ICC ... the real villains
The weekend newspapers were almost universally critical of the way the whole episode was dealt with, and while there was not much sympathy for Darrell Hair’s on-field actions, there was concern about the way the ICC has treated him.
Leading the assault was Michael Atherton in The Sunday Telegraph. he wrote that the affair:
Showed the ICC at their worst: prevaricating, in that a judgment which should have been handed out on the fourth evening of the game was allowed to fester for a month; callous, when it revealed confidential e-mails from an employee; and ultimately fudging a verdict so as not to upset the key players in this very political game – the Asian bloc.
When the big issue arose, the ICC official froze. Woe-betide anyone who walks out to bat with a logo half an inch too big, mind you. Moreover, shortly after the ICC announced that Hair had been withdrawn from the Champions Trophy because of security concerns, India, the host country, flatly contradicted the game's chiefs. Who is being open and honest?
Stephen Brenkley in The Independent on Sunday was in an equally unforgiving mood:
The ICC are a governing body, but only when their members can be bothered to let them be so,” he wrote, adding that the blame lay with the members. “The ICC look as toothless today as they can have ever done. That will remain so until their members allow them actually to govern.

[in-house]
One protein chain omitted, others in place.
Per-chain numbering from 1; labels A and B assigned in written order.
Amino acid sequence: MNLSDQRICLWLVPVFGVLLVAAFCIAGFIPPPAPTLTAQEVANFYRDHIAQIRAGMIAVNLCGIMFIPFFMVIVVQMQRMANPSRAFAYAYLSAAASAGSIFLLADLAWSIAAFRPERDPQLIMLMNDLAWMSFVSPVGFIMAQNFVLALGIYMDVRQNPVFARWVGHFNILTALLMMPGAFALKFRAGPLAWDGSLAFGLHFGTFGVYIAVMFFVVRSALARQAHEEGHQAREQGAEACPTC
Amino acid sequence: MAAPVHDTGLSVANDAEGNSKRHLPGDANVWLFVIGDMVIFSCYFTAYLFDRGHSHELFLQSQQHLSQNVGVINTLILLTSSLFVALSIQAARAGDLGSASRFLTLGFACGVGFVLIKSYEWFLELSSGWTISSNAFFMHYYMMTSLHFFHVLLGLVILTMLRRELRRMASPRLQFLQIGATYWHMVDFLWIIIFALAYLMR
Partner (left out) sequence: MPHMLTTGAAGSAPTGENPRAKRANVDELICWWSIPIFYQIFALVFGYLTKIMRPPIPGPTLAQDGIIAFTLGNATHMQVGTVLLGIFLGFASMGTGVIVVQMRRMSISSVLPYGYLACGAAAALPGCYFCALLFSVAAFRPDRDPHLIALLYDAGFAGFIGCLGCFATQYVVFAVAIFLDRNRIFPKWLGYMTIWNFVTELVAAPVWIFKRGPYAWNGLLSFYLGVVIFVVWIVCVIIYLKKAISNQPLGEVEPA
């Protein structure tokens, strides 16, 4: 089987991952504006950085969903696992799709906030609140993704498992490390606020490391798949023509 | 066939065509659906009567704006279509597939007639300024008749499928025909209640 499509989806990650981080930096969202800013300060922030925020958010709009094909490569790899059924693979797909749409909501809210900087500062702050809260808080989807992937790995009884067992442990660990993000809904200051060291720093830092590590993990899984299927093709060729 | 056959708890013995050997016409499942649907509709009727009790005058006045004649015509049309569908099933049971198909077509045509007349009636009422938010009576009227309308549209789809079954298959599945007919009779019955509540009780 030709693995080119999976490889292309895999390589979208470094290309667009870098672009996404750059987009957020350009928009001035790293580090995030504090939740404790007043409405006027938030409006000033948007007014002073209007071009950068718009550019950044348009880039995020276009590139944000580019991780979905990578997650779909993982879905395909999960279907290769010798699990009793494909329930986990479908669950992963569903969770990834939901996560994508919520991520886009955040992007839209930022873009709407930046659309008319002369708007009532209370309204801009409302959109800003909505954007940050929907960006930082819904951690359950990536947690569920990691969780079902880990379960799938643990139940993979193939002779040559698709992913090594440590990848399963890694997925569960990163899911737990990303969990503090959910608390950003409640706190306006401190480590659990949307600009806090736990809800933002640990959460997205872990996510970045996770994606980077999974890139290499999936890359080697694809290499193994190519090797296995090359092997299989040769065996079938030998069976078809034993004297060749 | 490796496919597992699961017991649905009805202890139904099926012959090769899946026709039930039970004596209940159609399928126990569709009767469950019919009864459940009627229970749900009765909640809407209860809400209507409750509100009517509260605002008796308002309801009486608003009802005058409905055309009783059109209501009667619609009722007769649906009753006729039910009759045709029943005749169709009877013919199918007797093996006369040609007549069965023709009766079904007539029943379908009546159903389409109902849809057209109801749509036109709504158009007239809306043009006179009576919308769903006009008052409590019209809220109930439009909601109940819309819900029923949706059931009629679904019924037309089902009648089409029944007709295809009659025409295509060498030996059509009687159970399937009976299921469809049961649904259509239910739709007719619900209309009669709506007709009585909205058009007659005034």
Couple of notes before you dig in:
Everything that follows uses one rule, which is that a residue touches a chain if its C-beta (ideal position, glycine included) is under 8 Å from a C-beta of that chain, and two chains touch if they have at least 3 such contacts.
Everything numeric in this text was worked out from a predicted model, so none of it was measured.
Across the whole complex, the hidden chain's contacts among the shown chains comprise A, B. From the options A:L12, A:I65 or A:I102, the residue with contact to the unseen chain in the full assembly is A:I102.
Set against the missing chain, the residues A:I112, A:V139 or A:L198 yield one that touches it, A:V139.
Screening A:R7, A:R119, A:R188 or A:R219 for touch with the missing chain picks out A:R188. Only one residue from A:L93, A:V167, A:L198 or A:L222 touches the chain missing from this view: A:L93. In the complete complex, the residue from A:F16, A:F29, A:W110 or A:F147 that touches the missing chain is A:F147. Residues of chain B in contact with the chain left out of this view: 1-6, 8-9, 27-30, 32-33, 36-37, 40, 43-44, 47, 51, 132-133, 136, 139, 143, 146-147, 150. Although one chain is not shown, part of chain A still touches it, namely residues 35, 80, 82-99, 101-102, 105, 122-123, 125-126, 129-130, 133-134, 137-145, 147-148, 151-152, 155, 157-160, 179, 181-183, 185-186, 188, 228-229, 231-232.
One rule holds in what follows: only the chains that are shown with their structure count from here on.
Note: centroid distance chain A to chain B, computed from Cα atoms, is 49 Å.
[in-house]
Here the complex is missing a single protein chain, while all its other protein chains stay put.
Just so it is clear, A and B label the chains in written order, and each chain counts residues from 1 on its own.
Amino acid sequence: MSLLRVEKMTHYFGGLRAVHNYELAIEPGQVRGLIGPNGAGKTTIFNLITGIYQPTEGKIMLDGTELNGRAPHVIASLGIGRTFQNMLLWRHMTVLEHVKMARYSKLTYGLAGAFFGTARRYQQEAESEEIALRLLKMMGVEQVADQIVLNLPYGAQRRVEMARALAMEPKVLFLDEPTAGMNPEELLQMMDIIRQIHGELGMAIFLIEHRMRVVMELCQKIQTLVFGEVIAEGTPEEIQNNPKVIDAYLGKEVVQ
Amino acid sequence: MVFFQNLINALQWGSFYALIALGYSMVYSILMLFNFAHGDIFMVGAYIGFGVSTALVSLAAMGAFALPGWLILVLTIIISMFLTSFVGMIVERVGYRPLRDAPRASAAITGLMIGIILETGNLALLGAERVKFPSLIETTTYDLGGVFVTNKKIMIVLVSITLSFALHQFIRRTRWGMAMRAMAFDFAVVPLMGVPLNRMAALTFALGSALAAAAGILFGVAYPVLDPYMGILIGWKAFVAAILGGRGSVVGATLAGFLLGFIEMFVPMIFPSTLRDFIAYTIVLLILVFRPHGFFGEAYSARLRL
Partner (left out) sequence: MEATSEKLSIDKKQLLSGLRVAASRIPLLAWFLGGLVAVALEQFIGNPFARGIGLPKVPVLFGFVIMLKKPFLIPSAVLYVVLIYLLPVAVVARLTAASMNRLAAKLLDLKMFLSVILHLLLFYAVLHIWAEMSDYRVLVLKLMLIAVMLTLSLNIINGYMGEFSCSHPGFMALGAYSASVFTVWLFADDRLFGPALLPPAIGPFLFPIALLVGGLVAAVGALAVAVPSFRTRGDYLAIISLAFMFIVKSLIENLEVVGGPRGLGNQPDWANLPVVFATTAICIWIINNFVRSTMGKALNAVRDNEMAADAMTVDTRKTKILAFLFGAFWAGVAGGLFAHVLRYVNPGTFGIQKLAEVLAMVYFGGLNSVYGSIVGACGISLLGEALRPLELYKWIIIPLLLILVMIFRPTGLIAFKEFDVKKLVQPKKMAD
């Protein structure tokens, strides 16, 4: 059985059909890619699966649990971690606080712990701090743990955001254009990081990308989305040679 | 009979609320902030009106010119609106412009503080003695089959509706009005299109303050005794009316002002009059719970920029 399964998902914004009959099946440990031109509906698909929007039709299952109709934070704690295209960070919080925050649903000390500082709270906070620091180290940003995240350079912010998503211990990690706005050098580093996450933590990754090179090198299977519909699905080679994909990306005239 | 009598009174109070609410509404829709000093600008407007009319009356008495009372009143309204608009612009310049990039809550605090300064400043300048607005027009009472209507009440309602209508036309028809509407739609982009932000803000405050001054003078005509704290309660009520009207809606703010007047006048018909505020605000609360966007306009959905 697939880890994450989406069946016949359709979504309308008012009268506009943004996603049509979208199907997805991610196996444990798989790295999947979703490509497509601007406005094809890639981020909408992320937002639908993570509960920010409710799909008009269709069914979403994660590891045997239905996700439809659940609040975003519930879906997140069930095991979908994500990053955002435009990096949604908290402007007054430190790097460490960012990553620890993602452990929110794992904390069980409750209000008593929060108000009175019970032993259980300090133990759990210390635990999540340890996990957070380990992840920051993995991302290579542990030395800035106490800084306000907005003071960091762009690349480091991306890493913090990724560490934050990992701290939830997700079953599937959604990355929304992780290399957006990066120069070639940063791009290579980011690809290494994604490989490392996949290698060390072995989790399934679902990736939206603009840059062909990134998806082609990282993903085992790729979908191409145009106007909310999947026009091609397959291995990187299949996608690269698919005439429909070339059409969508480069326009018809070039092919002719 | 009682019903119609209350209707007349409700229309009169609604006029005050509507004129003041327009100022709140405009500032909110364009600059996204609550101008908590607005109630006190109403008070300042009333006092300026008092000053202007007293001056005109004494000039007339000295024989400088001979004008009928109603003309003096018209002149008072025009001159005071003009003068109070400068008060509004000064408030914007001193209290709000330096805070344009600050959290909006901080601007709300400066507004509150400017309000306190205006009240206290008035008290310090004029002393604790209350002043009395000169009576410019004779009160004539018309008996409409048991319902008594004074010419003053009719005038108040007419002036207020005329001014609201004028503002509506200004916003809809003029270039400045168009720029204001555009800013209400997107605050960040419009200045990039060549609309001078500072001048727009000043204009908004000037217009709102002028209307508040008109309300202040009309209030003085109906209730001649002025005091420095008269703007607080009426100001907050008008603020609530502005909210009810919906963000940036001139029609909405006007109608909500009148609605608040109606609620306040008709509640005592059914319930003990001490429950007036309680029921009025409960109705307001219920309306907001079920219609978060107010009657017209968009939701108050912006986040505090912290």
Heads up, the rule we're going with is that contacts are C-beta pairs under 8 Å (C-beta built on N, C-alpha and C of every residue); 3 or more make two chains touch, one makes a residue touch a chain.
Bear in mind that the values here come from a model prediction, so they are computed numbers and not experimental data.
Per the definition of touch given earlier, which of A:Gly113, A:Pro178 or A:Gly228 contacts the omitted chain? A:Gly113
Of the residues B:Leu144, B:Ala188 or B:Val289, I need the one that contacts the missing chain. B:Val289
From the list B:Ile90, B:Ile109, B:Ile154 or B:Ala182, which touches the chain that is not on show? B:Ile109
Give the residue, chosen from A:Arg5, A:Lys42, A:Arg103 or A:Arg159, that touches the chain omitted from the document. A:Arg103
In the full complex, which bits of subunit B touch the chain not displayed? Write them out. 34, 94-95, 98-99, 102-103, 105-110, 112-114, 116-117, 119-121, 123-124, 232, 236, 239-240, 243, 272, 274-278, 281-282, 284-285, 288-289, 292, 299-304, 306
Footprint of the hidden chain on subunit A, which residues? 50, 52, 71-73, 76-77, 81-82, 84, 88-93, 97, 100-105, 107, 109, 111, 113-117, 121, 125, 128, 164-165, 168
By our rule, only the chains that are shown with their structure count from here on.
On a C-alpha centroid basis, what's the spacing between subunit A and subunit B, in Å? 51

In the News of the World, Richie Benaud described the hearing as "crass and unbecoming". He added:
There are two men with stilettos between their shoulder blades - the Pakistan manager Zaheer Abbas, who has been sacked - and Hair, the ICC umpire. But at no point in any of this has Hair acted alone.
Reacting to Malcolm Speed’s comment that “we all move on and put this issue behind us”, John Stern in The Sunday Times said that:
There seems little chance of that when so many questions remain unanswered and so much resentment remains.
Referring to Darrell Hair, he went on:
He claims that he is happy with the support he has received from his employer, the ICC, although it is hard to imagine he really believes that. The ICC hung him out to dry by publishing the e-mails in which he demanded $500,000 to resign and also by standing him down from this month’s Champions Trophy in India, citing security concerns — a claim that has been denied by the Indian cricket board.
In The Australian, Malcolm Conn cut to the quick:
What a joke: the ICC has dedicated next month's Champions Trophy to the spirit of cricket … whether it's from players or the game's governing body, the rhetoric does not match the reality that the game is still a shambles and has little credibility as a major international sport.
Martin Williamson is executive editor of ESPNcricinfo and managing editor of ESPN Digital Media in Europe, the Middle East and Africa